Why I Write: Emmy Clarke
Photograph of a framed illustration of Ysabelle the Starwife, by Robin Jarvis.
Emmy Clarke is a children’s writer and poet living in Shropshire, UK. Her work has been featured in Stories of Care’s “Tales of the Bold, the Brave, and the Beautiful”, Little Thoughts Press, and Storytime Magazine. She is also the Founder of Changeling Annual, a publication for children featuring poetry, art, and fiction solely by neurodivergent creatives. Changeling has just celebrated the publication of its first issue. Emmy can be found at emmy-writes.com.
Today, I’d like to talk to you about a story that inspired me to start writing: The Deptford Mice trilogy by Robin Jarvis. This series of books follows Audrey Brown, a short-tempered, determined young mouse, and her friends in their fight against Jupiter, the living god of the rats that live in the sewers below Deptford, London.
The trilogy came to me second-hand when I was around nine years old. I was hooked at once, instantly connecting with Audrey. We came of age together, in a way. I dressed as her for World Book Day two years in a row, and when I finished the series, I cried for the loss. It was the first time I cared so much about a fictional world.
The Deptford Mice is quite gruesome and scary for a children’s series. Characters die, even fan favourites, and not all the imagery is as beautiful and wholesome as you’d expect from a story about talking mice!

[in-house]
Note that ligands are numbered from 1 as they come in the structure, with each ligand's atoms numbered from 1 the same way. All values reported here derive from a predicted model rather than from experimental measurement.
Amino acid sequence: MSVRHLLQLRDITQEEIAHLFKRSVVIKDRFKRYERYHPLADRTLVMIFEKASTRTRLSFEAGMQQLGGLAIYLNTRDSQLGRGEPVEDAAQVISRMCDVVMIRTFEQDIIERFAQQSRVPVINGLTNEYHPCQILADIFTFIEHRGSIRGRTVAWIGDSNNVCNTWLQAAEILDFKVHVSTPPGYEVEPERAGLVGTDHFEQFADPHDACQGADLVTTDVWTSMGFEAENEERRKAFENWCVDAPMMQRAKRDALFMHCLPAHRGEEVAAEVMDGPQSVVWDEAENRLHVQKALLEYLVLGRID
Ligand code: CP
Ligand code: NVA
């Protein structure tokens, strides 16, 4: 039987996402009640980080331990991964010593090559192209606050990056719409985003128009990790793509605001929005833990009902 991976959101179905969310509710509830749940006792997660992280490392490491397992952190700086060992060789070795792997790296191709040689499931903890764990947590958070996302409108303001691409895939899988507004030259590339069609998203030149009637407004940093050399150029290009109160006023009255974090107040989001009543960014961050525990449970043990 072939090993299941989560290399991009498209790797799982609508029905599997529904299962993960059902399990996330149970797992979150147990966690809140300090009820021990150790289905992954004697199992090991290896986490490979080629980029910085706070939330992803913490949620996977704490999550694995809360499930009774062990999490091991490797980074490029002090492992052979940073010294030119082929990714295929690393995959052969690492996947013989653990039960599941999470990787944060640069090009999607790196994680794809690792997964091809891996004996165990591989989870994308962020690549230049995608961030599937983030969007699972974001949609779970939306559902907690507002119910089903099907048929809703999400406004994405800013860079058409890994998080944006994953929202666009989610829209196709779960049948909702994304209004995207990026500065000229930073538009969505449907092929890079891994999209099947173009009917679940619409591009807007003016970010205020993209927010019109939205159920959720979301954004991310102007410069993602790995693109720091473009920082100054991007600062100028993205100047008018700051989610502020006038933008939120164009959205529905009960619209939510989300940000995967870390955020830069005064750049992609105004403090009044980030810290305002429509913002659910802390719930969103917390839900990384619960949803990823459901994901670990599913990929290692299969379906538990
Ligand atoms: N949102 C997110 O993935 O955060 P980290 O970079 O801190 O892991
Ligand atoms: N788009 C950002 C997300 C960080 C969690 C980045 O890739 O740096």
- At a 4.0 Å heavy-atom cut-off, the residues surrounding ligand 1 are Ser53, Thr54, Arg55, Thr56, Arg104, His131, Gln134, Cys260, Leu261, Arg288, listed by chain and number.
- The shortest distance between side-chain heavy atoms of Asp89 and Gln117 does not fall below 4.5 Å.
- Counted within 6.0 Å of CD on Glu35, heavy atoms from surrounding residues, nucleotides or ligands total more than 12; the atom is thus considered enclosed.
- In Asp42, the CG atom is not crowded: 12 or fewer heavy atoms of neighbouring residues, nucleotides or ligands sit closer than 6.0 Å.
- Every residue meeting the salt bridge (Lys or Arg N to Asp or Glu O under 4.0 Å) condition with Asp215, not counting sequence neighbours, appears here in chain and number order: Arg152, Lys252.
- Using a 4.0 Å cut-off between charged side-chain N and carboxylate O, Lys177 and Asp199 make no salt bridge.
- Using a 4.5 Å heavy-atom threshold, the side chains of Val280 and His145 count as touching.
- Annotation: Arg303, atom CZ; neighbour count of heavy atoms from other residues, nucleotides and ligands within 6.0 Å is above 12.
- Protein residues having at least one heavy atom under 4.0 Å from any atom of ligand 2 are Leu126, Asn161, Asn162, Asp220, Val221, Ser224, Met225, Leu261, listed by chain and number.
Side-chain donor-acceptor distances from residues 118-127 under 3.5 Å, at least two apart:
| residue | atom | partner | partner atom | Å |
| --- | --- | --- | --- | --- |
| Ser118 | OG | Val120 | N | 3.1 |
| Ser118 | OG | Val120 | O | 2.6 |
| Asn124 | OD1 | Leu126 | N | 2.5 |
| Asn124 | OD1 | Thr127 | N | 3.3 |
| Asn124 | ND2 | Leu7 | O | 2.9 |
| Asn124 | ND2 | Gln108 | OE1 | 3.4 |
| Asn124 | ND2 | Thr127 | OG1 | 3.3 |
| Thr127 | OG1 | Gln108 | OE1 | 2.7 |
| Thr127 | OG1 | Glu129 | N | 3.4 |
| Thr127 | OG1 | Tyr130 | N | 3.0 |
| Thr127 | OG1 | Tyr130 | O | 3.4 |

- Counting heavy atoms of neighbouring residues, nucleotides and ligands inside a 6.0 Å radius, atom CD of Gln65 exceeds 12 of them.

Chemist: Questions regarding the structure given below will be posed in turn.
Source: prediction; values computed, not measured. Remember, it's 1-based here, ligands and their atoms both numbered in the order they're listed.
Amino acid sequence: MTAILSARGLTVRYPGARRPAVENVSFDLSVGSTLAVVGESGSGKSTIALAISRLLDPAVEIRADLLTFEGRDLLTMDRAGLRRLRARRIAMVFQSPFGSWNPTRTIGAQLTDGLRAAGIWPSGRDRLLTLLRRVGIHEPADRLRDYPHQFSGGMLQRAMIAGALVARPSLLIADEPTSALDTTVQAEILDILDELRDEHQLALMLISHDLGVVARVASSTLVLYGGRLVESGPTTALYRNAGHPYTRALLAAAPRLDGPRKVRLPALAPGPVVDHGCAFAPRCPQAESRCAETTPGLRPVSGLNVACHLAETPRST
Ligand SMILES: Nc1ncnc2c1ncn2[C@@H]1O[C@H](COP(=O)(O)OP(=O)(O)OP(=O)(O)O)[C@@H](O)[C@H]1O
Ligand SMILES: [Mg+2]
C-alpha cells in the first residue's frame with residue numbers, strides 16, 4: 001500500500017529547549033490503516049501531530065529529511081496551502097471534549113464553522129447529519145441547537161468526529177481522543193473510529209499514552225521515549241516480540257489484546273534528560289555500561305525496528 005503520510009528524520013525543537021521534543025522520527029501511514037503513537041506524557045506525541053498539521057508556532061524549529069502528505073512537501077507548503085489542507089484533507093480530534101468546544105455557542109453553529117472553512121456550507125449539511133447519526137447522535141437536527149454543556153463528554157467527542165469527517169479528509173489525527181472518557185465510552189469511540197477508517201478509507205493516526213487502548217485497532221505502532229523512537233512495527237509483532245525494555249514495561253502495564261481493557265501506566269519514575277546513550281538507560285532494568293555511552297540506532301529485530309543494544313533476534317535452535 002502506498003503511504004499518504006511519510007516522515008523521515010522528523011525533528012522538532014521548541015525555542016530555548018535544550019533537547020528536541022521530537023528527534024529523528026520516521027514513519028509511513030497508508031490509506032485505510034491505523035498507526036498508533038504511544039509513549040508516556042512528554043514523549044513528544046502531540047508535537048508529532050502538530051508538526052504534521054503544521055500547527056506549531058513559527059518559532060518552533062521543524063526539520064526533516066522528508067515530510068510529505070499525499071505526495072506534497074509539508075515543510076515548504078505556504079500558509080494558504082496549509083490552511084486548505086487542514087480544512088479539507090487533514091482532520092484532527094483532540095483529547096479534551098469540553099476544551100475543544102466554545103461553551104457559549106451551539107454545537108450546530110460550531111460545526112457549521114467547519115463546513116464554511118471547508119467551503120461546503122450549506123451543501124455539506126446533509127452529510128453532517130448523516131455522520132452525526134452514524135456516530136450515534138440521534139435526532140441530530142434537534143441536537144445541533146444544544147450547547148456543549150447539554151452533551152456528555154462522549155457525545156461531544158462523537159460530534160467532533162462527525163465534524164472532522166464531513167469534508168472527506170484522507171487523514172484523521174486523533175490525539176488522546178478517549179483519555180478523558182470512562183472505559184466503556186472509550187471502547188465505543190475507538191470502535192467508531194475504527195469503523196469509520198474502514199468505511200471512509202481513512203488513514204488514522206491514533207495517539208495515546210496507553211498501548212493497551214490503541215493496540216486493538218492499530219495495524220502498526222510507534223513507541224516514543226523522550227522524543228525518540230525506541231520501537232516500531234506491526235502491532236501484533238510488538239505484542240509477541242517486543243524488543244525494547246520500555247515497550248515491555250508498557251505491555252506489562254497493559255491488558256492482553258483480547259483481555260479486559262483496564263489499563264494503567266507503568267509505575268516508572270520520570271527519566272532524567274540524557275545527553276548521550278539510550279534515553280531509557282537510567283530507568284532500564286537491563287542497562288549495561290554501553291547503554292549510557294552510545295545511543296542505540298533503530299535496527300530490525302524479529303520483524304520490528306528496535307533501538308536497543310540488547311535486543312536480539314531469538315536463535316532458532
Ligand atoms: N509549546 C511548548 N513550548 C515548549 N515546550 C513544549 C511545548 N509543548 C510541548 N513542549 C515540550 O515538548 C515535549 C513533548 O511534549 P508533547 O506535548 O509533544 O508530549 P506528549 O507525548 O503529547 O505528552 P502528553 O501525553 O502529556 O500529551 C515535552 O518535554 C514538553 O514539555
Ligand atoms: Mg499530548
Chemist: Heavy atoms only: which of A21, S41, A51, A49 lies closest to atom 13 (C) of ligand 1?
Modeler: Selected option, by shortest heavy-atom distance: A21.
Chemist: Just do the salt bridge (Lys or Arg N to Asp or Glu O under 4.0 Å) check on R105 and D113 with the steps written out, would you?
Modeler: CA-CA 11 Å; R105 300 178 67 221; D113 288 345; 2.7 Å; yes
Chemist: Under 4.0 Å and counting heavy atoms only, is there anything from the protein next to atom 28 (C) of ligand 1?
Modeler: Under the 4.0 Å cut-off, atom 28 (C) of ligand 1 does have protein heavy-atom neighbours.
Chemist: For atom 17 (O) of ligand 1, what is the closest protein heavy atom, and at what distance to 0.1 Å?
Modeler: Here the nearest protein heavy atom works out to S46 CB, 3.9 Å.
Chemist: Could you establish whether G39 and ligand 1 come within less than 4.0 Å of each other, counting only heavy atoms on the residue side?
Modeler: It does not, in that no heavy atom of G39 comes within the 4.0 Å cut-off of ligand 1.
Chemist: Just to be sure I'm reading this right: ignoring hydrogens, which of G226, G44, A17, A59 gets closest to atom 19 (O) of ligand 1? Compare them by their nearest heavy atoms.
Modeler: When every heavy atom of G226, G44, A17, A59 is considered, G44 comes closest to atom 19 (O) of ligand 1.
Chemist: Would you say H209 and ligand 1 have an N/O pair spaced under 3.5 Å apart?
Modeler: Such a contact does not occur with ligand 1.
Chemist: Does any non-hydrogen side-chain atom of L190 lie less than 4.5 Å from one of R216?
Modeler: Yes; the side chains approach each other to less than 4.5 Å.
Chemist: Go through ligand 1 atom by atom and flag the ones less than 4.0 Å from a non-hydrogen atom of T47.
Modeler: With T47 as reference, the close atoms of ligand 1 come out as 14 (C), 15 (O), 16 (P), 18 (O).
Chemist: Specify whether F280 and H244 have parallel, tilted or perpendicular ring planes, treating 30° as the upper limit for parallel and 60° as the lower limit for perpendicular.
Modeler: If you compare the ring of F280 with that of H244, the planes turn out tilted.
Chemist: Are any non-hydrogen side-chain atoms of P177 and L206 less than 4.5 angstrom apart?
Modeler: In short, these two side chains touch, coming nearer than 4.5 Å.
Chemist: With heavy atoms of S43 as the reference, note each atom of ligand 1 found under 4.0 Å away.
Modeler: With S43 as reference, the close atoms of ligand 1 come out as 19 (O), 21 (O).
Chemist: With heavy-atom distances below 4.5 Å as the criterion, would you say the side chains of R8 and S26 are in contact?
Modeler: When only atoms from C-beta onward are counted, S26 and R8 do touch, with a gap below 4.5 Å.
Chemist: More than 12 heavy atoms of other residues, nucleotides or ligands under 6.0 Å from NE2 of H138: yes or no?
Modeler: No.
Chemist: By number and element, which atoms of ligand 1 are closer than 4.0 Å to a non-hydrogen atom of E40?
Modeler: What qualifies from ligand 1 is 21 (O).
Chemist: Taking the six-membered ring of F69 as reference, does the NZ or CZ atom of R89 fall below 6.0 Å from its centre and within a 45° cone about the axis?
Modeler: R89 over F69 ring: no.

But that is what I loved about it — it felt like Jarvis wasn’t talking down to me just because I was a kid.
His world was full of magic and danger, bloodthirsty cults, and lost loves. The characters were complex, and they didn’t always act as you wished they would. I appreciated that he handled tough topics with ease, emotion, and often the sort of bluntness the narrative required.
As a kid, I would often daydream about the characters and doodle them in school, copying carefully from his illustrations. These stories gave me an early taste of writing fanfiction.
Even today, Jarvis’s approach to storytelling has inspired me in my approach to writing for children.
My work today is not as fearsome as Jarvis’s, but the rush of magical excitement and wonder I felt when I read the Deptford trilogy for the first time is something I want to pass on to the next generation. Jarvis also didn’t shy from including spirituality and magic in his work, even creating his fictional deities, much like I did in “The Autumn Vixen.”
A few years ago, an old friend visited Robin Jarvis at a publishing event and took some of my well-loved copies to be signed. As Jarvis was aware that we had been championing his books online and interacted with us a few times, he’d prepared sketches of our favourite characters for us.
Ysabelle the Starwife sits pride of place on my desk, reminding me of the stories and characters that inspired me to begin writing in the first place. She reminds me of how far I’ve come, but also how connected I am to my younger self. This connection to the inner child is important when writing for younger audiences, and I’m ever thankful to walk hand in hand with ‘little Emmy’ as we brave the many wonders of being a grown-up author.